How to receive a async callback?

I'm trying to receive a async callback, I have this simple example

#![allow(unused_variables, unused_imports, dead_code)]
use futures::future::{FutureExt, LocalBoxFuture};
use async_std::prelude::*;
use async_std::fs::{read_dir, DirEntry};
use async_std::path::Path;
use tokio::prelude::*;

async fn foo(message: String, cb: &dyn Fn(String) -> dyn Future<Output=()>) {

async fn main() {

Which obviously won't compile

src/|10 col 5 error 277| the size for values of type `dyn core::future::future::Future<Output = ()>` cannot be known at compilation time
||    |
|| 10 |     cb(message).await;
||    |     ^^^^^^^^^^^^^^^^^ doesn't have a size known at compile-time
||    |
||    = help: the trait `std::marker::Sized` is not implemented for `dyn core::future::future::Future<Output = ()>`
||    = note: to learn more, visit <>
||    = note: all local variables must have a statically known size
||    = help: unsized locals are gated as an unstable feature
|| For more information about this error, try `rustc --explain E0277`.

I can't understand how it doesn't know the size. Since is a reference it would be an address size (I'm trying my C background here), but I really can't understand this error, what I'm missing?


The callback returns dyn Future<Output=()> which is unsized type. Functions cannot return unsized types.

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Yeah, it isn't the closure that it doesn't know the size of. It's the return value of that closure. Typically we would use generics in this case:

async fn foo<F, Fut>(message: String, cb: F)
    F: Fn(String) -> Fut,
    Fut: Future<Output = ()>,

Additionally I noticed that you're importing both Tokio and async-std. You should not be mixing the two runtimes, and I recommend you use Tokio.

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I put dyn in the return type because impl Future<()> was not possible there.

The generics are a got catch, so you're delaying the type resolution to "call time", nice trick, I was struggling with dyn vs impl. My understand is that impl is solved at compiled time "I'm returning something the implements trait Foo and that implementation exists and is track-able at compile time", while dyn means "Well this may vary and can only be know at compile time", thinks that depend on user input are a good example of dyn stuff...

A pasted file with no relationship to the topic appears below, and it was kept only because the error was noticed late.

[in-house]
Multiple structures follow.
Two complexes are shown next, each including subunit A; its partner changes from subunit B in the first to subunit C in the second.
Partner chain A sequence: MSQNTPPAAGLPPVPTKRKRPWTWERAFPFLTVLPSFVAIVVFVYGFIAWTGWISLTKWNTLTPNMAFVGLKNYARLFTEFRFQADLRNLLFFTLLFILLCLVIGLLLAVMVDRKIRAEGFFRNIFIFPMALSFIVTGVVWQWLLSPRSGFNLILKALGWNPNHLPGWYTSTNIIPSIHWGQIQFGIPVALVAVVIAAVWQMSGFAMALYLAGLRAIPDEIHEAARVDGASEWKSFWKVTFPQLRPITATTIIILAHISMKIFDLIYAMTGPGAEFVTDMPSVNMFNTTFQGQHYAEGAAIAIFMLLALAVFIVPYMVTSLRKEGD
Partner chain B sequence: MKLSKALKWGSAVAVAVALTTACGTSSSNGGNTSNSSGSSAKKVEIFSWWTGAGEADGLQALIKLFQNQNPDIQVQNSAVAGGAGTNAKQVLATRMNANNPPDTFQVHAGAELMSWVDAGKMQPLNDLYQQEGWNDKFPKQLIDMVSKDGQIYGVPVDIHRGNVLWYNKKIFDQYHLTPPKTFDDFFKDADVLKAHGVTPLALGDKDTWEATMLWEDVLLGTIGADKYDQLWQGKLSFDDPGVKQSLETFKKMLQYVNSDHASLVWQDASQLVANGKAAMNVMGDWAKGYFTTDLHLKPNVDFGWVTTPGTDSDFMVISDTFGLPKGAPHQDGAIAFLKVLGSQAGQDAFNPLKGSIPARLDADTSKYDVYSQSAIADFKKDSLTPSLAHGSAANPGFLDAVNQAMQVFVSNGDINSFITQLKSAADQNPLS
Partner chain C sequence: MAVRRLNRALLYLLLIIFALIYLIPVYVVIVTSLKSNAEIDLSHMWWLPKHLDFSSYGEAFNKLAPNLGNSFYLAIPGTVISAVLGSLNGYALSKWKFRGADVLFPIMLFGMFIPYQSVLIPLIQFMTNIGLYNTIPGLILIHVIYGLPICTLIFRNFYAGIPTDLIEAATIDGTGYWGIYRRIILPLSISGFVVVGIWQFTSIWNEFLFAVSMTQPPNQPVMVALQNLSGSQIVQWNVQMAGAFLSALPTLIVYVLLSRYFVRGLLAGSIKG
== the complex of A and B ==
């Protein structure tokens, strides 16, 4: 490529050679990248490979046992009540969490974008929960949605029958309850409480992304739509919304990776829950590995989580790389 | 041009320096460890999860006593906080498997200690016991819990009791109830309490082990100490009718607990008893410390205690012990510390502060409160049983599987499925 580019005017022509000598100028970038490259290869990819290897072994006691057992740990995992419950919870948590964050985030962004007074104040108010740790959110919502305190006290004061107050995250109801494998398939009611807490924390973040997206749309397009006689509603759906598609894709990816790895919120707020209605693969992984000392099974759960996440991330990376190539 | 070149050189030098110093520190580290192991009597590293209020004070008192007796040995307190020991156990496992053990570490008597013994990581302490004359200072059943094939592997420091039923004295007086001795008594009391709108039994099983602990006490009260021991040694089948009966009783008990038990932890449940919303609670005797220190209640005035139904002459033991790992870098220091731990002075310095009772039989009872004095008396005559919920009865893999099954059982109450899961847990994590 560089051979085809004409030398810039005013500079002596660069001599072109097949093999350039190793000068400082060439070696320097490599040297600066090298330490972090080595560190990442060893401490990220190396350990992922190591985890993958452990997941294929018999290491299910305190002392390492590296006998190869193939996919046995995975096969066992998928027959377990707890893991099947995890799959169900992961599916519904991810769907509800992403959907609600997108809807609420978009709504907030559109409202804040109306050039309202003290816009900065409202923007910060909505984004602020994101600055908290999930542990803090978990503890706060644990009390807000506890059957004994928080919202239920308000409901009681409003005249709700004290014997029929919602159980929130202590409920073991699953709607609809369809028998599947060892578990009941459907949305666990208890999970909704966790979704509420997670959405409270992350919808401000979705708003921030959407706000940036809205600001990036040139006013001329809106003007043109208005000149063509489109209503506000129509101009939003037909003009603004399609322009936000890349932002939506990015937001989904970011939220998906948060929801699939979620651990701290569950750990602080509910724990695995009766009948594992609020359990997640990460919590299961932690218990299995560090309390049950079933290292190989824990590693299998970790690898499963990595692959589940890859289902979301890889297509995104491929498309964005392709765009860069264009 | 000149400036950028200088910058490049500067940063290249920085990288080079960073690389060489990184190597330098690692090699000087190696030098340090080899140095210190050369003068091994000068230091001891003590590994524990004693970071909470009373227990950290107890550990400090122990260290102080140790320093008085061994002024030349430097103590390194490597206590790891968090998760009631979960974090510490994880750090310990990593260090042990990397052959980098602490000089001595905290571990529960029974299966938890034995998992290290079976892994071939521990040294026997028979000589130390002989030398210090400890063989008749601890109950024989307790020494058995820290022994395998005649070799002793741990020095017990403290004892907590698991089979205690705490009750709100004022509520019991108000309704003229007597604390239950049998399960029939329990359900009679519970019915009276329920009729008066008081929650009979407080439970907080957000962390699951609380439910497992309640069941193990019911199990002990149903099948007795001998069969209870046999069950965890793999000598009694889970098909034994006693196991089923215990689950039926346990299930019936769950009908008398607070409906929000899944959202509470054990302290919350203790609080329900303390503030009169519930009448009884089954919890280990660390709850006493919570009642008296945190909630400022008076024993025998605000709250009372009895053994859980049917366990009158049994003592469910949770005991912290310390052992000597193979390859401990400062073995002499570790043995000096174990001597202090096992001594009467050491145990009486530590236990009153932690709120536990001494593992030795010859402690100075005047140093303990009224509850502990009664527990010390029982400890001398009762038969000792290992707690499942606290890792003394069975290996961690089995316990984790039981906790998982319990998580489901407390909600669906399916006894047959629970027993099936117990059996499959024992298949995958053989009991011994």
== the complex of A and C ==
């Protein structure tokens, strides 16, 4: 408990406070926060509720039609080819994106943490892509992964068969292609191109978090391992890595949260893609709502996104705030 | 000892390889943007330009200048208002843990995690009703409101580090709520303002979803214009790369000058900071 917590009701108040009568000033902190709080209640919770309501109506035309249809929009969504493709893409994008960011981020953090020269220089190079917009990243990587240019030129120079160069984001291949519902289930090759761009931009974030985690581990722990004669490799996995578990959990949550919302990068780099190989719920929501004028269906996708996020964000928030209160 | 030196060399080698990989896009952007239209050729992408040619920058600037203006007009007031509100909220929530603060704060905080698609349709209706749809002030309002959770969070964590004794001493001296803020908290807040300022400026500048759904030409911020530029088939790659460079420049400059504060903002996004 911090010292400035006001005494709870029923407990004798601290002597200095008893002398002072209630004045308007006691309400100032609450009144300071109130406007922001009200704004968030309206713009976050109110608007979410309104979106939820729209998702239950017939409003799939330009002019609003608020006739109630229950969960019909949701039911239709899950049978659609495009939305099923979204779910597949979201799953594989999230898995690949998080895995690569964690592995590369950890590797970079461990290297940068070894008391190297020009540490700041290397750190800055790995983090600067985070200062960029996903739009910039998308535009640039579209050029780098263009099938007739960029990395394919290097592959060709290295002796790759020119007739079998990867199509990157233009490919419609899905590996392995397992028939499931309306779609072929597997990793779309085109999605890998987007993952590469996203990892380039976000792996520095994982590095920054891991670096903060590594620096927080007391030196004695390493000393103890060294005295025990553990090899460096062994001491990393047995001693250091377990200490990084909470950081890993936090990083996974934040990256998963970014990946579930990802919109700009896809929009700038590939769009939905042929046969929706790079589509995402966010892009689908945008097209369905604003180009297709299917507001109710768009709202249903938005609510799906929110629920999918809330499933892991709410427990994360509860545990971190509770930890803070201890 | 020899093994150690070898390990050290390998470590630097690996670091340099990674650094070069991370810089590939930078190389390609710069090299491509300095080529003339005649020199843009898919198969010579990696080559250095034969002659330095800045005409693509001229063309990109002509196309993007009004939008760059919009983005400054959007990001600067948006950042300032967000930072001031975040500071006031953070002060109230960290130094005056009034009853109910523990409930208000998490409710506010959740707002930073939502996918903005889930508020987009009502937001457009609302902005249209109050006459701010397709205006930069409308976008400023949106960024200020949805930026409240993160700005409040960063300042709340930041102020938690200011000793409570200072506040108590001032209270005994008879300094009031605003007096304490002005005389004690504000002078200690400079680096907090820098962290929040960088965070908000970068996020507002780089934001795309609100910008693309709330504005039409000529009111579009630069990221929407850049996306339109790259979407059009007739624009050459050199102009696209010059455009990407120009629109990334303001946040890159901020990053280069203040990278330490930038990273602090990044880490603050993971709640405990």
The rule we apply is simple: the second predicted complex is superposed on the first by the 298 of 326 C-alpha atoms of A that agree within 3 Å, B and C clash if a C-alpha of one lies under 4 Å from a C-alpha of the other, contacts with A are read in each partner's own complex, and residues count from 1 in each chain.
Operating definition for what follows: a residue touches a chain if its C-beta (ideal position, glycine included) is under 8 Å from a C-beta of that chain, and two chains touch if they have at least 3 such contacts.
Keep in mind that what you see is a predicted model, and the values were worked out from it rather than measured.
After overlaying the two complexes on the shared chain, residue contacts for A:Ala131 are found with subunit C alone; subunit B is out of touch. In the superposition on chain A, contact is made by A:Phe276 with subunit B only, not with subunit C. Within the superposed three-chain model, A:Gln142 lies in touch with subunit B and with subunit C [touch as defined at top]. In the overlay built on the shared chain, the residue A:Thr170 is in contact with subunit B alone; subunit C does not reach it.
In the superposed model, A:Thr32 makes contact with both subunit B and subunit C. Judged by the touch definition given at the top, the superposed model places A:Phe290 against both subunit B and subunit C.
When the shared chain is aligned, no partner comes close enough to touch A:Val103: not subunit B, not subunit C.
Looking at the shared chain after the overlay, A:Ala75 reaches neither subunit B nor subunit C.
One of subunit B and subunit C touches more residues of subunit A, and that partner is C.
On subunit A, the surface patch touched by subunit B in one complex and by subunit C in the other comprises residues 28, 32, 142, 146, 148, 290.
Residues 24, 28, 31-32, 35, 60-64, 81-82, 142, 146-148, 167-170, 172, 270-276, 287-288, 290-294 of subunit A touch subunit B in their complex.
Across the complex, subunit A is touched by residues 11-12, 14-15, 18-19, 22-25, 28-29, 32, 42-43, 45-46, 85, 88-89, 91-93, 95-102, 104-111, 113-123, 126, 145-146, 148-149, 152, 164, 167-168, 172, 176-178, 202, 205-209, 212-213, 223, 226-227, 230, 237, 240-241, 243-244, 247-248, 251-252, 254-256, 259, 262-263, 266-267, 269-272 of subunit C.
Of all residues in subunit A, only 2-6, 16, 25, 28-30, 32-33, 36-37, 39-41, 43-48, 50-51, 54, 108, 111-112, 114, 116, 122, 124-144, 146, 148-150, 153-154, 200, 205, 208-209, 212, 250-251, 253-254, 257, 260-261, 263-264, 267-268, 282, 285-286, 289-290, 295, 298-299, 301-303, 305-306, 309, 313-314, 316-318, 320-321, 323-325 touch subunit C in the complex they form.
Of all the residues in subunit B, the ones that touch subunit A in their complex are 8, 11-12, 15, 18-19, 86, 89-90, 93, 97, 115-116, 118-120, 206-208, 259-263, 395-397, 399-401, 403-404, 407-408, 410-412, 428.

I never though about generics, they are like removing the type responsibility from the function writer to the caller. Is this right? So if I have a function that I don't know what will return (and it can't be dyn because is unsized) I can used generics to delay the decision to the function call

Thanks again guys for taking your time to answer this :smiley:


The difference with impl vs dyn is that impl is turned into a concrete type at compile time, whereas dyn stays unknown even at compile time, and dynamic dispatch is used at runtime to figure out the actual type. To be clear, dyn is not known at compile time.

Additionally it seems like you're thinking of impl in an argument as a different thing from generics, but it isn't. Using impl in an argument to the function is still using generics, it's just more hidden. On the other hand, using impl in the return value is a different thing from generics, because in that case the function author chooses the concrete type.

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